Sunday, 16 November 2014

Onward to Haarlem

Friday 1st August, Kaag to Haarlem

A further 12 Nm to cover today to reach our next tour destination of Haarlem, the capital city of North Holland. The Sassenheim bridges (2) dictate an early start with suitable opening times at 06:04, 06:34 and 06:48, missing those means best part of six hours delay. Other constraints include the Cruquiusbridge (20) which does not open between 15:00 and 18:00 and closes overnight from 21:00, also passage through Haarlem is done in convoy with bridge openings controlled by the Harbour Master. Then there is the small matter of having to stop at one of two locations in the city to pay a passage fee (€11.65 up to 10m boat length, €17.25 above that).

 The first part of the route along the Haarlemermeerpolder (Ringvaart) from Kaarg to the junction with the Zuider Buiten Spaarne (21).

After a restful night it is an early start with Hyrst and Alice off the marina moorings at 06:15 and underway for the 06:48 bridge lift. As we pass the junction with Gravenwater we are greeted by the sight of three other gaffers exiting from their overnight moorings in the Eijmerspoel.

As we round the corner at 06:40 and come into sight of the bridges we see they are already open and showing green lights, no time to debate is it a late or early opening, so throttles open and make a dash for it. All safely through.

A misty early morning view as we progress North along the Ringvaart with another fine day in the offing. The canal traffic proves to be light on this section and the views pleasant with no significant industrial areas. I was also treated to a brief but enjoyable conversion with a very pleasant Dutch lady cycling to work on the adjoining road, all part of the variety in canal cruising.

Not a sight we expected to see - a tug under tow by two gaffers! The tug Else, belonging to one of our East Coast gaffers suffered gearbox failure on this section and was taken under tow by two of the Dutch skippers. They continued the tow into Haarlem giving us a master class in boat handling given the boats involved and the bridge waits/negotiations. There was enough breeze at this point to make position holding difficult.

The second half of the route takes us along the Zuider Buiten Spaarne and Binnen Spaarne to the city waters of Haarlem. Six bridges to negotiate with five of them under the convoy system through Haarlem. The branch North immediately after the Cruquius bridge causes some confusion in the fleet as some boats carry on beyond the turning and others mill about in the area. It transpires that a visit has been arranged to the Museum Cruquius situated at the junction and several skippers have taken up the option, hence their diversion. Unfortunately not all skippers were party to the briefing about this! A bit of old fashion hollering soon has it sorted though and I skip the museum visit (not a steam buff) and carry on toward Haarlem in company with several other boats from the fleet.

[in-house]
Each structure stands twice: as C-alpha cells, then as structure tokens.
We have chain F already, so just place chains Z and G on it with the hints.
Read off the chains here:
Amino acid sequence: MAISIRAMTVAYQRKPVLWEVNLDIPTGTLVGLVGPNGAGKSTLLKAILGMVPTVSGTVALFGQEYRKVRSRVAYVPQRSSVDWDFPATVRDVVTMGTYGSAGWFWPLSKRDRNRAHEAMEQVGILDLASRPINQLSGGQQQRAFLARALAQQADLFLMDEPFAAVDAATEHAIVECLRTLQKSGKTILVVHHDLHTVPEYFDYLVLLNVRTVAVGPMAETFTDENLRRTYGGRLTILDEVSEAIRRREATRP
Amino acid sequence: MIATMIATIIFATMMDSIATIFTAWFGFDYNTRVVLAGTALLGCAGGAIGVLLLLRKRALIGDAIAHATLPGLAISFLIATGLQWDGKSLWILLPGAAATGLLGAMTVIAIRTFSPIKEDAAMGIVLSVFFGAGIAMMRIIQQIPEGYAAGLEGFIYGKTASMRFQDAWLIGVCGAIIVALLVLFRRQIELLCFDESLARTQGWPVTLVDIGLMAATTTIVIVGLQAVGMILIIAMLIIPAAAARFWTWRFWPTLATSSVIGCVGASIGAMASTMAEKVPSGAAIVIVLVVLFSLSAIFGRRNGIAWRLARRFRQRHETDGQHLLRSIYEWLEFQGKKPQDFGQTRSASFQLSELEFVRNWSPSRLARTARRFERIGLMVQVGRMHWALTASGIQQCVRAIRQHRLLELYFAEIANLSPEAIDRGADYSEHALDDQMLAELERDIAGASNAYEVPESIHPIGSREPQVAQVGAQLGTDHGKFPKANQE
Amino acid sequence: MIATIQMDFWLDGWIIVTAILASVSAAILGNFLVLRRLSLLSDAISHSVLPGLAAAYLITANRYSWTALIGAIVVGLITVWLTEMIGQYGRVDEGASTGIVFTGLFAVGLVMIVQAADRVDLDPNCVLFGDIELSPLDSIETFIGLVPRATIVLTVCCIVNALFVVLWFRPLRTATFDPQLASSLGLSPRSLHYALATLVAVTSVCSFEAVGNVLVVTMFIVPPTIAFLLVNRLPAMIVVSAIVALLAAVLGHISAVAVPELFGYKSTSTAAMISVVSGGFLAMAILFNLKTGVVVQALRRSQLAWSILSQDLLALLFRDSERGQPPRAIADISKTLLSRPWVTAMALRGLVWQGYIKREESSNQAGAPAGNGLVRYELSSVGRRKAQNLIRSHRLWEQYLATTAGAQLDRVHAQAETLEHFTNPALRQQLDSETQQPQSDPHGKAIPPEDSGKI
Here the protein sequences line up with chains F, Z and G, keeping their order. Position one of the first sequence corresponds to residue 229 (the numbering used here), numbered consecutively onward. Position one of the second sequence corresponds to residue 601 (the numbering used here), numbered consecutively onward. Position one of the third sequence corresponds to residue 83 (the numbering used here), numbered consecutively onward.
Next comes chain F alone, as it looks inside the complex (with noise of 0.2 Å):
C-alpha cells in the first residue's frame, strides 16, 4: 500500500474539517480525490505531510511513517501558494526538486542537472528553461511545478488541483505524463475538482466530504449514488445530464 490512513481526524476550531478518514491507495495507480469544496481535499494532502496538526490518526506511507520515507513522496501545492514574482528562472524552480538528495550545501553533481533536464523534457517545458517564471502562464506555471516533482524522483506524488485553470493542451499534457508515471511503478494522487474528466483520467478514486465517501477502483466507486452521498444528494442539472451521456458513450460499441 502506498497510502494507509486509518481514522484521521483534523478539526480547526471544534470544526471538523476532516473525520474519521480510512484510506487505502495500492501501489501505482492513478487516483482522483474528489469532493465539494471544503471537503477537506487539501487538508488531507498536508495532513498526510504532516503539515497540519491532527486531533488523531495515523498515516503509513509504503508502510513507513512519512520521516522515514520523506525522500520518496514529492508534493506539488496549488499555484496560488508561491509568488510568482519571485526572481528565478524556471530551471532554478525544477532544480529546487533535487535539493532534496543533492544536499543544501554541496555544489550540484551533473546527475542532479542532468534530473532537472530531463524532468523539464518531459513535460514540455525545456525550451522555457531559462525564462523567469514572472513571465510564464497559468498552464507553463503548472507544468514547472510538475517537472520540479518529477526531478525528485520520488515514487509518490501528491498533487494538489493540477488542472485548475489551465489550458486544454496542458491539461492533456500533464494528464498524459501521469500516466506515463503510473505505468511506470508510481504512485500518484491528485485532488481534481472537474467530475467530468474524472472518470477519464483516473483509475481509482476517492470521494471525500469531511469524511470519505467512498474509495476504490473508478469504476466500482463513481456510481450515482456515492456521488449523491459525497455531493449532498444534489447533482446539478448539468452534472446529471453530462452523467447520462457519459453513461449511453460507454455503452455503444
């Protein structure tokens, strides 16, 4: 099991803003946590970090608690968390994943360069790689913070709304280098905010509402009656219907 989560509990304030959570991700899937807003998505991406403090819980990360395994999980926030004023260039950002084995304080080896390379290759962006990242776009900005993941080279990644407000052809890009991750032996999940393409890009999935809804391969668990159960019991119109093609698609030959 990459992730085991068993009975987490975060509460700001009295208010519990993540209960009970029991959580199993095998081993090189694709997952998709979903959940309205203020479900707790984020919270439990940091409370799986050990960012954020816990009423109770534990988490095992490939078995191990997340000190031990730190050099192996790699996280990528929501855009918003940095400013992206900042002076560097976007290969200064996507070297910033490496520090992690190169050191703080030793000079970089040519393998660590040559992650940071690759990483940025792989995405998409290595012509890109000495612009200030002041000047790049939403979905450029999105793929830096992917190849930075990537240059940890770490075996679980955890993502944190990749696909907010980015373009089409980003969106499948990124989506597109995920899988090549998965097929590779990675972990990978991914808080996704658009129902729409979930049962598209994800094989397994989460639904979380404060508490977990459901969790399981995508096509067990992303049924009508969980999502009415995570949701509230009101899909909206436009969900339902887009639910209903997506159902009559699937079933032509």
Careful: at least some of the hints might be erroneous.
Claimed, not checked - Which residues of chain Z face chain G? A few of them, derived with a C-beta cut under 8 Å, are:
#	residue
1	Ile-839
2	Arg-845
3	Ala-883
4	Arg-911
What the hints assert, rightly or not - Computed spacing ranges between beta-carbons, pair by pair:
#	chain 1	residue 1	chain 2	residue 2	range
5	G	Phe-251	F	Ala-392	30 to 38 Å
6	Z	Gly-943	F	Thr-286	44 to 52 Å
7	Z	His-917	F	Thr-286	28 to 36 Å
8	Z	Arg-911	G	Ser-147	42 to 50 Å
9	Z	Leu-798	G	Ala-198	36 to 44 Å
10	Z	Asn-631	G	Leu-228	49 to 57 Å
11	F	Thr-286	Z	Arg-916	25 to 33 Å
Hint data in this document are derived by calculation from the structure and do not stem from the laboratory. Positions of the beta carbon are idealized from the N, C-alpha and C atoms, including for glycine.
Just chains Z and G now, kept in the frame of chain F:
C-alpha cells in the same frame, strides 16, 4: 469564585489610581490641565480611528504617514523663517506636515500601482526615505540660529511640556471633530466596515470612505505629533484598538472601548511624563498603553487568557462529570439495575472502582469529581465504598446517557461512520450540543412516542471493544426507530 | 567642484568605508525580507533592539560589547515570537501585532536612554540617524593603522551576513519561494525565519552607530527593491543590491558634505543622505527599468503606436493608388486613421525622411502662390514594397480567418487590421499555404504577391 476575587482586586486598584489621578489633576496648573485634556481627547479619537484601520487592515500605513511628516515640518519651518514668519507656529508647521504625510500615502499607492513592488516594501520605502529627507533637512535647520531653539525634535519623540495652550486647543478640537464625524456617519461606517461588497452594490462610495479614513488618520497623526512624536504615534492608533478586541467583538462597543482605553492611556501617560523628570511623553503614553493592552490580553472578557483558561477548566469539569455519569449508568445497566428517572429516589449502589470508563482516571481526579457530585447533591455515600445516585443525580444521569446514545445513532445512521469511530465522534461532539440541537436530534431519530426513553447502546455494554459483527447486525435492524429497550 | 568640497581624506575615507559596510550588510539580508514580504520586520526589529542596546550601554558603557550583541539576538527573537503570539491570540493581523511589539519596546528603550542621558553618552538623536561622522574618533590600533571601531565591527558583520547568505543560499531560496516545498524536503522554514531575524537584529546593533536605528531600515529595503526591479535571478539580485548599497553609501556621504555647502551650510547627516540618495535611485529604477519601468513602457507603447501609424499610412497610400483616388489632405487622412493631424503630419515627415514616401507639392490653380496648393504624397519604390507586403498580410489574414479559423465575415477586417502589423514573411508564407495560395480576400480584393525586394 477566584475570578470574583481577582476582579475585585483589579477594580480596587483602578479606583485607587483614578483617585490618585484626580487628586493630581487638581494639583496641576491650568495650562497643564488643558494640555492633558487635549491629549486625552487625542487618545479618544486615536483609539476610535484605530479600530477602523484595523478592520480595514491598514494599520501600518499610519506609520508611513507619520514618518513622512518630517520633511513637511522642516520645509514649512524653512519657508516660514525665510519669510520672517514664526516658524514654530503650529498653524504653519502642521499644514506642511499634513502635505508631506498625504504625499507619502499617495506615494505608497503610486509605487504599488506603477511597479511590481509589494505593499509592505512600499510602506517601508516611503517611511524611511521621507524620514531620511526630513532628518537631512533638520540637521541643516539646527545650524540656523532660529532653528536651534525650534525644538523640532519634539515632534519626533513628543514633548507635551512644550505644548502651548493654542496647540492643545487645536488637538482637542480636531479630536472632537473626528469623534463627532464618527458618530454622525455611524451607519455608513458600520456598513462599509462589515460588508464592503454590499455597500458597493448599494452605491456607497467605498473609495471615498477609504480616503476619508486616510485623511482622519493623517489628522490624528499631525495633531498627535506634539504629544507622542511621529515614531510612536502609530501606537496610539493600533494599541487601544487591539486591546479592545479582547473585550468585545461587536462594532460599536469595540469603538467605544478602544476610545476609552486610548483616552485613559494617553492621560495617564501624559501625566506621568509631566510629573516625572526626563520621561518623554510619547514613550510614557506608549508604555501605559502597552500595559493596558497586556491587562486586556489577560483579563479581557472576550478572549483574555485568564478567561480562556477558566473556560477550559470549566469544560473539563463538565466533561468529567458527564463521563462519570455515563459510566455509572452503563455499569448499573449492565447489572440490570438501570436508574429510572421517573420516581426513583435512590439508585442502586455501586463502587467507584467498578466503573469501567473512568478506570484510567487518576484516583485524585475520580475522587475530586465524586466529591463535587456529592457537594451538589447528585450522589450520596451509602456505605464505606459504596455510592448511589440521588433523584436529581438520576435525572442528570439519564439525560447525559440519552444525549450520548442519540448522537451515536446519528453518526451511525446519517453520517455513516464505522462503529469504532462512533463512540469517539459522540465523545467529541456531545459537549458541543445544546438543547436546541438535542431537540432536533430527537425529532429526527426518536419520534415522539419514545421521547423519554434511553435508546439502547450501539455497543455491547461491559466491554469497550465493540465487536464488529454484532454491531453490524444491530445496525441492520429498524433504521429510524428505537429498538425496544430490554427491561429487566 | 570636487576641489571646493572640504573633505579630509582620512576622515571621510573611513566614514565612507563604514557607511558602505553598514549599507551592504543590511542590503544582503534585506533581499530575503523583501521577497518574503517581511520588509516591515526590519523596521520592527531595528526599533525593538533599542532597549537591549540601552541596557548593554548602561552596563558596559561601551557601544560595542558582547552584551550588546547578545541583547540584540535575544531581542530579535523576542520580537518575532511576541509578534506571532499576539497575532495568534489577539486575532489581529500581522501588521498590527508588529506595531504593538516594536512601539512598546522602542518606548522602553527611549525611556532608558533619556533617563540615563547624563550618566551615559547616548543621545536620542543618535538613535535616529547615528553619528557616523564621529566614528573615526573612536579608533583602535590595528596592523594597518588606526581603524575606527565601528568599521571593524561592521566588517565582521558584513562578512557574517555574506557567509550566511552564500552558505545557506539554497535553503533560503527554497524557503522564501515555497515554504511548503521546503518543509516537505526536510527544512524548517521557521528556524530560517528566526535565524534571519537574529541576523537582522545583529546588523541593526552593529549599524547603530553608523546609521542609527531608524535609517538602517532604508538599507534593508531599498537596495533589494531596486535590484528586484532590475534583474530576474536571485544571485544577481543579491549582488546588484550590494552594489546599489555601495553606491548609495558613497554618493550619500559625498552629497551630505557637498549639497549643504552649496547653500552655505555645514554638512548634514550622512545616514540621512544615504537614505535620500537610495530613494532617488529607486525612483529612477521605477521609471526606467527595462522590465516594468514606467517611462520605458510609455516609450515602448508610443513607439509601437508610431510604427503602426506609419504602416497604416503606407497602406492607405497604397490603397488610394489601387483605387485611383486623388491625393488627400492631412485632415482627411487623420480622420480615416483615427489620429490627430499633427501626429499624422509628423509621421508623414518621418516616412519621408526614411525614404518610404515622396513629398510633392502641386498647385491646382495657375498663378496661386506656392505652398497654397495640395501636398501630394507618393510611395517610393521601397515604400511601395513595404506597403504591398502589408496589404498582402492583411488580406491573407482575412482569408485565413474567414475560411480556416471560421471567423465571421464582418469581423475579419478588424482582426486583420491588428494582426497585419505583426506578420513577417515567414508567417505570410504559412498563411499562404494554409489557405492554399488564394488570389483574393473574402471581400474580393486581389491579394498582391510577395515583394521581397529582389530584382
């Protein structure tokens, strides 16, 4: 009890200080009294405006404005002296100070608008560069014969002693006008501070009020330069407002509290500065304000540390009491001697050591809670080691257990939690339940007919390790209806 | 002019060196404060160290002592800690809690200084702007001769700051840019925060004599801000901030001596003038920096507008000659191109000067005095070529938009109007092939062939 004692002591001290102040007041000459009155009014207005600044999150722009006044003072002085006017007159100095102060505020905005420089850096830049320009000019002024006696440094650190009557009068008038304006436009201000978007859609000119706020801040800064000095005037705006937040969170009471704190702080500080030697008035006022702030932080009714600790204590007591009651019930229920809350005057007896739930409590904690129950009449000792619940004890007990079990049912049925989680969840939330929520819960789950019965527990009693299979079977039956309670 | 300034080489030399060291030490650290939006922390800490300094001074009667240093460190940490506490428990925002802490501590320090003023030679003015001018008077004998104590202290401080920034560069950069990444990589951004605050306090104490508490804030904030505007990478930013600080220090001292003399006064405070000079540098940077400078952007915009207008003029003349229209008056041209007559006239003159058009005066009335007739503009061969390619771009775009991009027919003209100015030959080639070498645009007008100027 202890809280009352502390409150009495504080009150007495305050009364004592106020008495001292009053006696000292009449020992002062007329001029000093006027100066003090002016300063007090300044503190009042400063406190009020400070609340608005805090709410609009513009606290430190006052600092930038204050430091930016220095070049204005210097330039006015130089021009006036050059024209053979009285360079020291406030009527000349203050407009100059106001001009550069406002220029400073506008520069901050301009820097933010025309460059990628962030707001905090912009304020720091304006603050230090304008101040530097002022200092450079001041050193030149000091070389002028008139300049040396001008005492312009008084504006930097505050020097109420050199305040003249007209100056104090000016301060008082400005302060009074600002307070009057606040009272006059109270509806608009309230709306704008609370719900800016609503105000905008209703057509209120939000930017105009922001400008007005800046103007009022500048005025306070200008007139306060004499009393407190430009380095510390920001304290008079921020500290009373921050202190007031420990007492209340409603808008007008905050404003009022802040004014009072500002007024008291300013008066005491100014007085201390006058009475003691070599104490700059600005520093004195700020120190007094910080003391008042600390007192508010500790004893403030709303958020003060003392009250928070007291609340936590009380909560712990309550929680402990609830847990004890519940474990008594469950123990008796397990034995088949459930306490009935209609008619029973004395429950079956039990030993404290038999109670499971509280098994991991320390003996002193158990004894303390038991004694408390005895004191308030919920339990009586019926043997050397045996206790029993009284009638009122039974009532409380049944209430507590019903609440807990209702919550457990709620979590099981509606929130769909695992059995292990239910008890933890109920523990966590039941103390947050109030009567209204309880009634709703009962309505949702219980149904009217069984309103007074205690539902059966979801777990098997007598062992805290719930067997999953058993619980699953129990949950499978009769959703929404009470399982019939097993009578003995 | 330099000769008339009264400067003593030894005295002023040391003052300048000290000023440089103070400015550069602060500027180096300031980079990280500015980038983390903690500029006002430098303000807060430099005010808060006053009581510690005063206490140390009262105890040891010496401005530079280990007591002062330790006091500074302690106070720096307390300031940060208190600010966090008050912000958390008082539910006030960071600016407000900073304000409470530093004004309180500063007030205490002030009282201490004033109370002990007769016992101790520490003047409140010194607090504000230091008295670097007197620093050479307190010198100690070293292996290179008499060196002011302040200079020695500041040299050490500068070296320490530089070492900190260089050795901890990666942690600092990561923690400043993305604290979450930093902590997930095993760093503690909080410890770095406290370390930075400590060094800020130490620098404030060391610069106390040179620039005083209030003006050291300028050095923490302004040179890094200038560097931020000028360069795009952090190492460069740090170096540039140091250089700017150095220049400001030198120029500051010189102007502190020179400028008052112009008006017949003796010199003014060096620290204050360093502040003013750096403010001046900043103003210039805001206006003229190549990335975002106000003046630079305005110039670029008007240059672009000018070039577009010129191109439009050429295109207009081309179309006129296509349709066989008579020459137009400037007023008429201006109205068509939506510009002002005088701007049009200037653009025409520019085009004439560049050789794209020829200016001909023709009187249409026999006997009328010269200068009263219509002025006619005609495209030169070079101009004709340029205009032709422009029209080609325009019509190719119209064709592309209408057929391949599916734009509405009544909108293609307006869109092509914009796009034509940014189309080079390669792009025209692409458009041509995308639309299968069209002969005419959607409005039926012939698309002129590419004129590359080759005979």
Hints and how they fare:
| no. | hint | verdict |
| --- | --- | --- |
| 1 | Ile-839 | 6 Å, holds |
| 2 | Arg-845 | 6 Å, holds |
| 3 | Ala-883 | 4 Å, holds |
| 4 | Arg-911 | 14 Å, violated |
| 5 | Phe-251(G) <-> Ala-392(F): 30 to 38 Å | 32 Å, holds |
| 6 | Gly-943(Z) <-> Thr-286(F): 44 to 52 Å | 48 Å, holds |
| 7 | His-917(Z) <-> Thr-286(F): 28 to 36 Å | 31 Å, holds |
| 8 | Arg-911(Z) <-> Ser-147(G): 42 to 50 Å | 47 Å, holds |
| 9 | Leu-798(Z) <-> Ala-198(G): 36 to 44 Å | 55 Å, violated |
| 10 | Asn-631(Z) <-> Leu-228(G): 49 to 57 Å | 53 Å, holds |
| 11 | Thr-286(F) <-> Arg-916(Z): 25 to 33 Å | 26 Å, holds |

I admit that I was not looking forward to this leg into Haarlem as I had a pre-conceived view of an industrialized and scruffy urban location. I could not have been more wrong, with canal side areas akin to "posh Thames" contrasting with houseboats of all grades and the sights through the city itself. The bridge negotiating was fairly fraught at times due to the number and variety of boats queing in the short distances between bridges and not all skippers apparently that experienced at it, there was a high percentage of transitting boats of various nationalities.

Typical riverside views of the Spaarne, Haarlem outskirts and city transit.

Our berth for the night, alongside just south of Catharijne bridge.

A good mooring spot with power available (from distribution boxes sunk into the footpath) and showers etc. included in the mooring fee, although the toilets/showers were a fair hike away as was the nearest food store. The duty harbour master arrived by bicycle and collected the transit fees so saving the need to search out one of the pay points.  A brief walk around the city center left me a bit underwhelmed as the architecture is lost in what appears to be one massive up-market eatery with restaurants and pavement cafes taking up every available space. So back to the boat for my evening meal and watch the world go by sharing my Dutch neighbours wine as we talk over an enjoyable day.

No comments:

Post a Comment